Although it’s been around for almost eight years on smartphones, wireless charging hasn’t caught on with consumers.
Although the Qi wireless charging standard has been around since 2008, we had to wait seven long years for its implementation in smartphones when Samsung introduced its Galaxy S6 series of devices.
Despite the fact that the standard has been revised several times since then (the current version is 1.3) and that some manufacturers, such as Huawei or Vivo, enable wireless charging faster than others offer via cable, wireless chargers have never really taken off among consumers.
According to Strategy Analytics, as many as one billion people own a smartphone that supports wireless charging. However, the number of people who own a wireless charger is much lower – in Asian countries this figure is 49%, in North America 21%, and in Western Europe 16%. So several hundred million people own a wireless charger, so it might be crazy to say that the technology hasn’t taken off. However, owning a wireless charger and using it regularly are two different concepts, but unfortunately we do not know the numbers of active users.
So why aren’t we all using wireless chargers today, almost eight years after the first smartphone with wireless charging support? If we exclude the number of smartphones that have this option, the answer is actually very simple – charging via cable is still a more practical and faster solution.
If we look at the essence of wireless chargers, we quickly realize that this type of charging does not differ drastically from the classic method. The charger is still connected to an outlet, and depending on the wireless charger itself, positioning the device on it can take longer than simply inserting the cable into the phone’s port — a problem Apple solved with MagSafe chargers by adding magnets.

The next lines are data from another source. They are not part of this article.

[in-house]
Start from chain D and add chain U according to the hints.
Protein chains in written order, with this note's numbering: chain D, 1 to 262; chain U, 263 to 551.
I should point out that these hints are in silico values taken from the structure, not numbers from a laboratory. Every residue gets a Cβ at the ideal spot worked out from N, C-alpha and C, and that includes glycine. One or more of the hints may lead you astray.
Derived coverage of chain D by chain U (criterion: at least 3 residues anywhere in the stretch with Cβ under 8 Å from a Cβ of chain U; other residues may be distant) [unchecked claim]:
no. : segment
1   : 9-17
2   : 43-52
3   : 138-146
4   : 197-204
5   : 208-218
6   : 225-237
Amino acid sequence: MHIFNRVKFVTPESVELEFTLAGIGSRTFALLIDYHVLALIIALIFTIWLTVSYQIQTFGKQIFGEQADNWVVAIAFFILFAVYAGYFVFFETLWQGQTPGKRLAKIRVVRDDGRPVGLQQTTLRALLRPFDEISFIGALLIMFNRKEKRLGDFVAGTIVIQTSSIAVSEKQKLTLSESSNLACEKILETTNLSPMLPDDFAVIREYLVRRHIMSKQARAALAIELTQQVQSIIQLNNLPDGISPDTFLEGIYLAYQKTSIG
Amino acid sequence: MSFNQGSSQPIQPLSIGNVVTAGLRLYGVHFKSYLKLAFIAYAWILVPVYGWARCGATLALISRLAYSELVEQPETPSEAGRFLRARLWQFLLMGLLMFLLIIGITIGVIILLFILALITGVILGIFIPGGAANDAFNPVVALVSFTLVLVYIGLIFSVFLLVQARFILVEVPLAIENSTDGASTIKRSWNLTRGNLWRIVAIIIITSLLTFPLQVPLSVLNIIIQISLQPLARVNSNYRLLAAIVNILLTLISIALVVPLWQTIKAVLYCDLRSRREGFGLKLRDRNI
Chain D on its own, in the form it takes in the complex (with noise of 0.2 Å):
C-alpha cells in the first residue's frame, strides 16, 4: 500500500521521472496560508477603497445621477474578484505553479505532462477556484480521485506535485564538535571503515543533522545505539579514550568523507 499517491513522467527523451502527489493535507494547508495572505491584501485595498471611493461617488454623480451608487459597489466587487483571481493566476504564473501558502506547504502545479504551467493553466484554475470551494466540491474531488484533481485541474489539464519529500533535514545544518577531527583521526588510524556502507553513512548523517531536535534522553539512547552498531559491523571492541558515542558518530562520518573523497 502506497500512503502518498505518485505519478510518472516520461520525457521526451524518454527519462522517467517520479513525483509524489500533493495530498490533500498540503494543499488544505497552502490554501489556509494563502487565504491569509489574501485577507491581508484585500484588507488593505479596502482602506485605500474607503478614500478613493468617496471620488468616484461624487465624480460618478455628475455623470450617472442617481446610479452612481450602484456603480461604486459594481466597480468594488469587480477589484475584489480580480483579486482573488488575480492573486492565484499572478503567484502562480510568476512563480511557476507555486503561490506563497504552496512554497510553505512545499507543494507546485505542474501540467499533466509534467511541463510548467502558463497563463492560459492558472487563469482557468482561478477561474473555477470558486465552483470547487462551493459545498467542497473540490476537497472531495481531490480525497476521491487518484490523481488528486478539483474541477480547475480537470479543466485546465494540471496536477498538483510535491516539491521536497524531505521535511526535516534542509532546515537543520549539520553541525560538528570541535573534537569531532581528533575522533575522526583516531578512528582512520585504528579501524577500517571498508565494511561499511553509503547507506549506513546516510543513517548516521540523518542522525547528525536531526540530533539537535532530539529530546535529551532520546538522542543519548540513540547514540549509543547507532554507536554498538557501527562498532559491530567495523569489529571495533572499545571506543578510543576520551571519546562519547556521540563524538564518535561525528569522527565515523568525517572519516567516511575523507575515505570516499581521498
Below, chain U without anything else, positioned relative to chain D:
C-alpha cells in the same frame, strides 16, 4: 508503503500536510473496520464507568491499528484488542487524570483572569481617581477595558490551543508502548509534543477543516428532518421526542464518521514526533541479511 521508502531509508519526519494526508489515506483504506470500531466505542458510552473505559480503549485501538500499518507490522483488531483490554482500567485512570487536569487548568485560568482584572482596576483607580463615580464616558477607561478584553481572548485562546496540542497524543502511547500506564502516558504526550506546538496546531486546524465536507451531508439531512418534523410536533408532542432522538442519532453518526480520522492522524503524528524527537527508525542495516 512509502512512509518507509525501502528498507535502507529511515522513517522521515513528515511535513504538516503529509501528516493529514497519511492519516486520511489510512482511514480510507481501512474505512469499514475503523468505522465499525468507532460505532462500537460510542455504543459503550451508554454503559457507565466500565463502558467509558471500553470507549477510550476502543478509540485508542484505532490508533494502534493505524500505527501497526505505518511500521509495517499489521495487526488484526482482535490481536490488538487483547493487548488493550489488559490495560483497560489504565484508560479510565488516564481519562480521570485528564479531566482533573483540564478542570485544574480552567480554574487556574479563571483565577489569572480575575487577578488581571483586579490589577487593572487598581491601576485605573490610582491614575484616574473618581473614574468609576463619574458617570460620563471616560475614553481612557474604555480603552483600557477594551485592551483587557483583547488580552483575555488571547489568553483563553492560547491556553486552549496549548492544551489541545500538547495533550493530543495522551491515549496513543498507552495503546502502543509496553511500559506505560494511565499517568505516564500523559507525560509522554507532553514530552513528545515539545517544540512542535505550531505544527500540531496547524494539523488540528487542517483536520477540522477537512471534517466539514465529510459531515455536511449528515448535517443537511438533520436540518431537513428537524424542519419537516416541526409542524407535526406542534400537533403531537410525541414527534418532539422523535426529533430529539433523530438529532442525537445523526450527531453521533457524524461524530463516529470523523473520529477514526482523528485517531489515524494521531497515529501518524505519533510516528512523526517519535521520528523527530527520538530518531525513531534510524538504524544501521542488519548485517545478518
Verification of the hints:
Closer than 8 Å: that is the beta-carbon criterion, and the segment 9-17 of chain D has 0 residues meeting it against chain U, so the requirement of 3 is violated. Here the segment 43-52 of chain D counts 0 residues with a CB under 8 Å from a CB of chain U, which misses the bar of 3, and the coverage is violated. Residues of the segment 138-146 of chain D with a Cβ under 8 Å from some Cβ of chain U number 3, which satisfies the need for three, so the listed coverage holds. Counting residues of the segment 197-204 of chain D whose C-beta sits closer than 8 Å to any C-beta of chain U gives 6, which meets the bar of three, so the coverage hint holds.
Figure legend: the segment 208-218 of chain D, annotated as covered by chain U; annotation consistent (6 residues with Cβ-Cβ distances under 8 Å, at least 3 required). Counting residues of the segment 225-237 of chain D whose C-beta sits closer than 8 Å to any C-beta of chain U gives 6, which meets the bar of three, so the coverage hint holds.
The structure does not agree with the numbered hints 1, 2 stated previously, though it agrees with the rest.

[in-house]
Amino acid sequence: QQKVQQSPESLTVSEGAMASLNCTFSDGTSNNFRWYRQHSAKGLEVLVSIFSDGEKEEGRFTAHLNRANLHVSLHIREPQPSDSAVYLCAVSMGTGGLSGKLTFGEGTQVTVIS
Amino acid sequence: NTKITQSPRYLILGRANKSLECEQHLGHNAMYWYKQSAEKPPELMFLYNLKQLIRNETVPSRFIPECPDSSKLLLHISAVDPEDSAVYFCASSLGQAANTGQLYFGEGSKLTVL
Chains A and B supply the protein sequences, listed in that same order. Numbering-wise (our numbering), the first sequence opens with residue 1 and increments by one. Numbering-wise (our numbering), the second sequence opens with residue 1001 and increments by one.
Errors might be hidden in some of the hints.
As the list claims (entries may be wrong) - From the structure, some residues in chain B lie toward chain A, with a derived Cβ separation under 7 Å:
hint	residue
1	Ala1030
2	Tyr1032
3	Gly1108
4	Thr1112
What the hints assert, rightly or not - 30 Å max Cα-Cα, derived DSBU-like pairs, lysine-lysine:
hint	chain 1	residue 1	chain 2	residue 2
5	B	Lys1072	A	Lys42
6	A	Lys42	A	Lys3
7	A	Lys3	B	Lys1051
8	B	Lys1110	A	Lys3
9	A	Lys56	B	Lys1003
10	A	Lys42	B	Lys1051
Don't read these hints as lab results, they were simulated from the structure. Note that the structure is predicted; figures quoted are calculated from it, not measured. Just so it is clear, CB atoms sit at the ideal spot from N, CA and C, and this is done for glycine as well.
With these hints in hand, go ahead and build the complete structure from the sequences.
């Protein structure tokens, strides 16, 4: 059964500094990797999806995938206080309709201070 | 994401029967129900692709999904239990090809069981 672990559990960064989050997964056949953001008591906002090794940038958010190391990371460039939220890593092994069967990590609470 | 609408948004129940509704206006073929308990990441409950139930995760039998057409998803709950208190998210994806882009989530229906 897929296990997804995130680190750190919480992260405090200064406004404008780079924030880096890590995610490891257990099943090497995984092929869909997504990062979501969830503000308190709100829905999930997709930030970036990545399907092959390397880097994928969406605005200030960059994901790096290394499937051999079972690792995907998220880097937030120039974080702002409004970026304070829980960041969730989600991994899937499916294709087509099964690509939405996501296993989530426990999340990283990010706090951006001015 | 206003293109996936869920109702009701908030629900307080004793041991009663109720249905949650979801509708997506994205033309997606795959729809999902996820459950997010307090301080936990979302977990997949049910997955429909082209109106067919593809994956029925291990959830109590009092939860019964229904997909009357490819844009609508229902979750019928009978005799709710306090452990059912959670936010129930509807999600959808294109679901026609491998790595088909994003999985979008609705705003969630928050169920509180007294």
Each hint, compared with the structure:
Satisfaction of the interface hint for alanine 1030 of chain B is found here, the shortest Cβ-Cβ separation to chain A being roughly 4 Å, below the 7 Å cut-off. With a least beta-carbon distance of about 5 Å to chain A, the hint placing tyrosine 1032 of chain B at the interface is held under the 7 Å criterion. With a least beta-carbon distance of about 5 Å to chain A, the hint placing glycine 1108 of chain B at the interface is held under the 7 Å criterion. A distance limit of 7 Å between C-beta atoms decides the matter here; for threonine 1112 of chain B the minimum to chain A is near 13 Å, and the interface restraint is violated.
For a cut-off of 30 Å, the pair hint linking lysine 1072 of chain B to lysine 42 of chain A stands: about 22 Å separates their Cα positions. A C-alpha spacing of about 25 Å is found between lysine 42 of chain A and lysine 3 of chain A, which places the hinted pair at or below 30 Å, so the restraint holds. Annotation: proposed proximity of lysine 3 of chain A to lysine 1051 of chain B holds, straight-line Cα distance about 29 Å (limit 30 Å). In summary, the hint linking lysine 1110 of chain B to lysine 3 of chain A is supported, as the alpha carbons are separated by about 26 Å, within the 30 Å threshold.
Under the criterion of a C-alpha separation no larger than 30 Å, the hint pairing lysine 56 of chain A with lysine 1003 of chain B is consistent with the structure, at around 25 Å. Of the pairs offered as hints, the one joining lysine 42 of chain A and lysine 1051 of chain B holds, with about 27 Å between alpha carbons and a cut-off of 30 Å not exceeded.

Of course, there are other issues, such as if a magnetic wireless charger isn’t used, users can’t pick up their device without interrupting charging. Here is the problem with the inefficiency of these chargers, where a huge amount of energy is wasted, that is, it is converted into heat, compared to charging via a cable, and we should not forget the impact that this type of charging has on the battery.
The batteries of our phones have three biggest enemies – time, number of charges and temperature. Regardless of what you do and whose charging advice you listen to, phone batteries will inevitably degrade over time, and this degradation will only be accelerated by the number of charge cycles and the temperature of the battery during that process, which is especially pronounced with wireless charging – Apple users who regularly use MagSafe chargers always have worse battery health than those who charge their devices via cable.
Although the EU passed a law obliging all manufacturers to use a USB-C port on their devices, this is only a temporary solution, as it is very clear in which direction smartphones are moving. First the headphone jack was removed, then Apple removed the US SIM card holder on the latest phones, followed by the removal of the jack itself and a complete transition to wireless charging, as is the case with many smartwatches. Apple already tried to speed up this process when in 2017 it announced AirPower, a wireless charger that can charge multiple devices at once, regardless of where they are placed. Unfortunately, this charger never made it to market.
If a manufacturer is in a hurry, this transition could happen as soon as tomorrow. However, the current state of wireless charging is still not at a satisfactory level, which is evident when looking at its consumer adoption. Although there are advances in technology, and some are even testing wireless charging using lasers, it is necessary to solve the biggest problems in order not to get an inferior solution to what we have today.